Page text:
Source documents are normally printed with a unique number like Tax Invoice number or Cash receipt number etc. So, it can be differentiated in the accounting system easily by the accounting department. The pre-numbering of documents is particularly useful, since it allows a company to investigate whether any documents are not available.

Examples of source documents include:

  • Bank Statements
  • Deposit Slips
  • Purchase / Sale Orders
  • Purchase Bill / Invoices
  • Sales Invoices
  • Electricity / Telephone Bills
  • Payroll Reports
  • Maintenance Service report
  • Lease agreements  
  • Rate Contracts etc.,

Journal

Now let’s understand about “Journal”

“A Journal is the Primary / First book where all the financial transactions of a business will be recorded”
Journal entries are recorded in a chronological order based on source documents like Bank Statement, Purchase Bills, Sales Invoice etc.,

Every transaction recorded in a journal should be supported by a proper narration which explains the nature of such a transaction. 

A Journal book is not a Single book. As per the Nature and Size of the organization Journal books are further classified into several subsidiary books like 

  • Purchase Day Book – To record all the purchases made
  • Sales Day book – To record all the sales made
  • Purchase Returns Books- To record all the purchase returns
  • Sales Returns Book – To record all the sale return details
  • Cash Book etc., – To record all the cash payments & receipts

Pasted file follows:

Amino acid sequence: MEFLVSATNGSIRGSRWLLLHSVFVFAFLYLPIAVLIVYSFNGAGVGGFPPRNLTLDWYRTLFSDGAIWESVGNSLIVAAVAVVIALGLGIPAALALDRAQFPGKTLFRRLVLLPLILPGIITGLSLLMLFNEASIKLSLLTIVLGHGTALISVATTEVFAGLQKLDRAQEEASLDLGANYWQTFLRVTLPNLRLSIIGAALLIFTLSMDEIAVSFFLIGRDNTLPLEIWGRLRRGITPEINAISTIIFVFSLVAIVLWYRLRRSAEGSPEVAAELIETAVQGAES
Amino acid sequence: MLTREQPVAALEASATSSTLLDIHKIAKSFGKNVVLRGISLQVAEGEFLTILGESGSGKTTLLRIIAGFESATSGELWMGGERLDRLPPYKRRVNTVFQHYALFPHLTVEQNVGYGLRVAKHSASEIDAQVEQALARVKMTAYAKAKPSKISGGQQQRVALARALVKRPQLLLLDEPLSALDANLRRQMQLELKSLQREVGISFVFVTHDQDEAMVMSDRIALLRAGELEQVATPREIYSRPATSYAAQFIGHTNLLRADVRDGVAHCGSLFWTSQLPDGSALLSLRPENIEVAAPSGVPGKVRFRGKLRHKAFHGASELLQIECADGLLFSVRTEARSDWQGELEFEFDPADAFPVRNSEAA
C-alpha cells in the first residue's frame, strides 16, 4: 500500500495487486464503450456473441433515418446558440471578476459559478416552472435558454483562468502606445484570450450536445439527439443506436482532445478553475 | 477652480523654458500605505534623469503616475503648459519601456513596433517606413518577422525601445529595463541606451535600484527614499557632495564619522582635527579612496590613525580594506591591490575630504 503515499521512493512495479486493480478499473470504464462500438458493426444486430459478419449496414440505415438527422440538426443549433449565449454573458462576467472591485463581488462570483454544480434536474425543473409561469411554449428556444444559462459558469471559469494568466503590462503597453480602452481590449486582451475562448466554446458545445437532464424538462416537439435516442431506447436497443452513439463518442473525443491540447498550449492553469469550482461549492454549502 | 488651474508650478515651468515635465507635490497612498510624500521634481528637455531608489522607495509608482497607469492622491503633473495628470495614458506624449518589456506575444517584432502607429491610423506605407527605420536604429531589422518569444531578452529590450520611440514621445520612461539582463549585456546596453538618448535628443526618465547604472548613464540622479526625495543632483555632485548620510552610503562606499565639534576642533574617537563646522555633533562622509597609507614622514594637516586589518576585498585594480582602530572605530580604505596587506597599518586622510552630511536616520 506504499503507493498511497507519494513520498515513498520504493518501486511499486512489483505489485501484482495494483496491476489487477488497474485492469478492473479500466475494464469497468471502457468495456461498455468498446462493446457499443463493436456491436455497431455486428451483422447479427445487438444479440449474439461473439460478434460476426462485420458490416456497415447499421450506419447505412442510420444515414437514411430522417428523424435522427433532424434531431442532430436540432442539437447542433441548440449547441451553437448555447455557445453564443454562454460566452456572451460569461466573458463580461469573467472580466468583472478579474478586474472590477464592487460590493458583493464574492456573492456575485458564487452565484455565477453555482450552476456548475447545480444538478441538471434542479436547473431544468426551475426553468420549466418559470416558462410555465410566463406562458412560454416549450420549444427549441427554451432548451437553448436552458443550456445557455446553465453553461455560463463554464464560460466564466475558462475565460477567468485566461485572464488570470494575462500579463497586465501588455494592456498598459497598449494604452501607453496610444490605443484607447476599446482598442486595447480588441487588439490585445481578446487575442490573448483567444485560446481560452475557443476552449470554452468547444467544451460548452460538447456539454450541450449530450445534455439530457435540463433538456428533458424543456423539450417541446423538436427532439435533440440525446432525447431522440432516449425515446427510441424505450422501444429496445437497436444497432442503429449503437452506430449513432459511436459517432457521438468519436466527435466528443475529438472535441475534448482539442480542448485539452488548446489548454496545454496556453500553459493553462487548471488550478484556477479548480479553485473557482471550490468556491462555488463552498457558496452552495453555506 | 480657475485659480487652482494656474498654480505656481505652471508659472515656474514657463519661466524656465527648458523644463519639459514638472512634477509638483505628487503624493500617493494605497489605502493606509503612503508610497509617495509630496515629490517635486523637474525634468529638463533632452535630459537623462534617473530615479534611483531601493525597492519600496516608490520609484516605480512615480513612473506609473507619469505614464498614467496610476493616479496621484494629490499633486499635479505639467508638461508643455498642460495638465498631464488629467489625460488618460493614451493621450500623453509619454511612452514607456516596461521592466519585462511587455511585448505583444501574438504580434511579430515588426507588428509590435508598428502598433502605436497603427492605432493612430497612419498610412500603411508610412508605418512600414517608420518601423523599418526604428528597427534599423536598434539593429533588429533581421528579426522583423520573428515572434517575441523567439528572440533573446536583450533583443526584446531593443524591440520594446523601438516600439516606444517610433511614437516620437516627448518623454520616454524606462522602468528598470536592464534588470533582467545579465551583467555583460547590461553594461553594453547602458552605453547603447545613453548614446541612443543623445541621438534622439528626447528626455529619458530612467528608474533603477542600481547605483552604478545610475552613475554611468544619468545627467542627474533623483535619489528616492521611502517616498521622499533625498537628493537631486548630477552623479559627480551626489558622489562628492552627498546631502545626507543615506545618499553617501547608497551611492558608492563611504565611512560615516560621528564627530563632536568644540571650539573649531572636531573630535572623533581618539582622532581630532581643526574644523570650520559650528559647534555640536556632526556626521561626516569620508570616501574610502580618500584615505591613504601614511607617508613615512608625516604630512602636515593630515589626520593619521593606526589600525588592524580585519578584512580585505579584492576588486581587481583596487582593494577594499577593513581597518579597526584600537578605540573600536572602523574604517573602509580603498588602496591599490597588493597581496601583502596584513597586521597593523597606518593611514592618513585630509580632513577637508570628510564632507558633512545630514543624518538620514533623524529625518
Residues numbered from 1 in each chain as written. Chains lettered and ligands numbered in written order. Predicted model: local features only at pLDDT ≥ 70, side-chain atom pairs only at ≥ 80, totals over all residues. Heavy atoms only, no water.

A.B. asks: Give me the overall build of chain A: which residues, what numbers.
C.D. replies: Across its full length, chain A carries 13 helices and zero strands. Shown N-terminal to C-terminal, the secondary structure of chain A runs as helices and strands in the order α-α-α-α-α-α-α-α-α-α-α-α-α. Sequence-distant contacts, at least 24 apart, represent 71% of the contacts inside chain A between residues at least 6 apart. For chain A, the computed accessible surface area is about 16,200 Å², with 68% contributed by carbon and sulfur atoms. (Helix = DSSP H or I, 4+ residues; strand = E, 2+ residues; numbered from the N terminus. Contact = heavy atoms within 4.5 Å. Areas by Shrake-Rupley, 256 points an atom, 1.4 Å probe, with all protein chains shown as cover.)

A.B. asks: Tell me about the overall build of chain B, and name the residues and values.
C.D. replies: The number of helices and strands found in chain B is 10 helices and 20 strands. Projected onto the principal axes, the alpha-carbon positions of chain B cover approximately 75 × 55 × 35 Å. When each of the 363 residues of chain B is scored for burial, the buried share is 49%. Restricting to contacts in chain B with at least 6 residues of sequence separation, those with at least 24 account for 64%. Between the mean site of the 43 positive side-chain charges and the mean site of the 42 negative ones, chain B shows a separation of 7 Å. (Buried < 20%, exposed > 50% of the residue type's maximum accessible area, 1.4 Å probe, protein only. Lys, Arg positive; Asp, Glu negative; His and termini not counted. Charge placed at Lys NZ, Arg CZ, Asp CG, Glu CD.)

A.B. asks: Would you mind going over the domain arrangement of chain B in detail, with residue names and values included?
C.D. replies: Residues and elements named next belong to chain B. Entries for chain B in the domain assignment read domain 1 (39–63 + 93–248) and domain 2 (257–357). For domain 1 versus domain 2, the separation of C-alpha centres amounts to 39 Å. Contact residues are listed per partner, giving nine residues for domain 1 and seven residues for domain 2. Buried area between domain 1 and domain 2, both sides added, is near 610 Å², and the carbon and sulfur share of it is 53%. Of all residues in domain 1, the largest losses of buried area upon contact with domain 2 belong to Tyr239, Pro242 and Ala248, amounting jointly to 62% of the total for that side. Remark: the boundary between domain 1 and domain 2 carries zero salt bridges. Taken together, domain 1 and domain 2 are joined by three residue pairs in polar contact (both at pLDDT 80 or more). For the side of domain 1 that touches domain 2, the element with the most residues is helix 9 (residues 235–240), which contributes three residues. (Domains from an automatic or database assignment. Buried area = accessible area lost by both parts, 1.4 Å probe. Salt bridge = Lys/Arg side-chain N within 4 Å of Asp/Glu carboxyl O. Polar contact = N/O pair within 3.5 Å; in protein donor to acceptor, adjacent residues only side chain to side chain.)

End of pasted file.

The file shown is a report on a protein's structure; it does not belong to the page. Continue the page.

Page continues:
However, while passing these entries one must ensure that both the Debit (Dr) and Credit (Cr) sides of account totals should match.

Nowadays, the Journal books have been replaced by computers. Since there is no physical recording of transactions into the long note books, all the entries are recorded and stored in computers using cloud based technology.

Note:
Before you write the Journal entry, an Accountant shall decide for each transaction what ledger accounts get involved and whether those accounts are either to be debited or credited.

Format of Journal entry

A Journal will be divided by 5 vertical columns

  1. Date
  2. Particulars
  3. Ledger Folio – Represents Ledger number / Serial number of the Ledger
  4. Debit Amount 
  5. Credit Amount
DateParticularsL.FDr (Rs.)Cr (Rs.)
(1)(2)(3)(4)(5)

Let’s understand with the help of an example.

Example :
Mr.X started a business with Rs.10,00,000/- on 1st Jan

TransactionAccounts InvolvedNature of AccountsDebit (Rs.)Credit (Rs.)Reason
Mr.X started a business with Rs.10,00,000/-Cash
Capital
Asset
Liability
10,00,000
10,00,000
Increased
Increased


The Journal entry for the above transactions is as follows:

DateParticularsL.FDr (Rs.)Cr (Rs.)
01st JanCash a/c Dr
To Capital A/c
(Mr. X started a business with capital)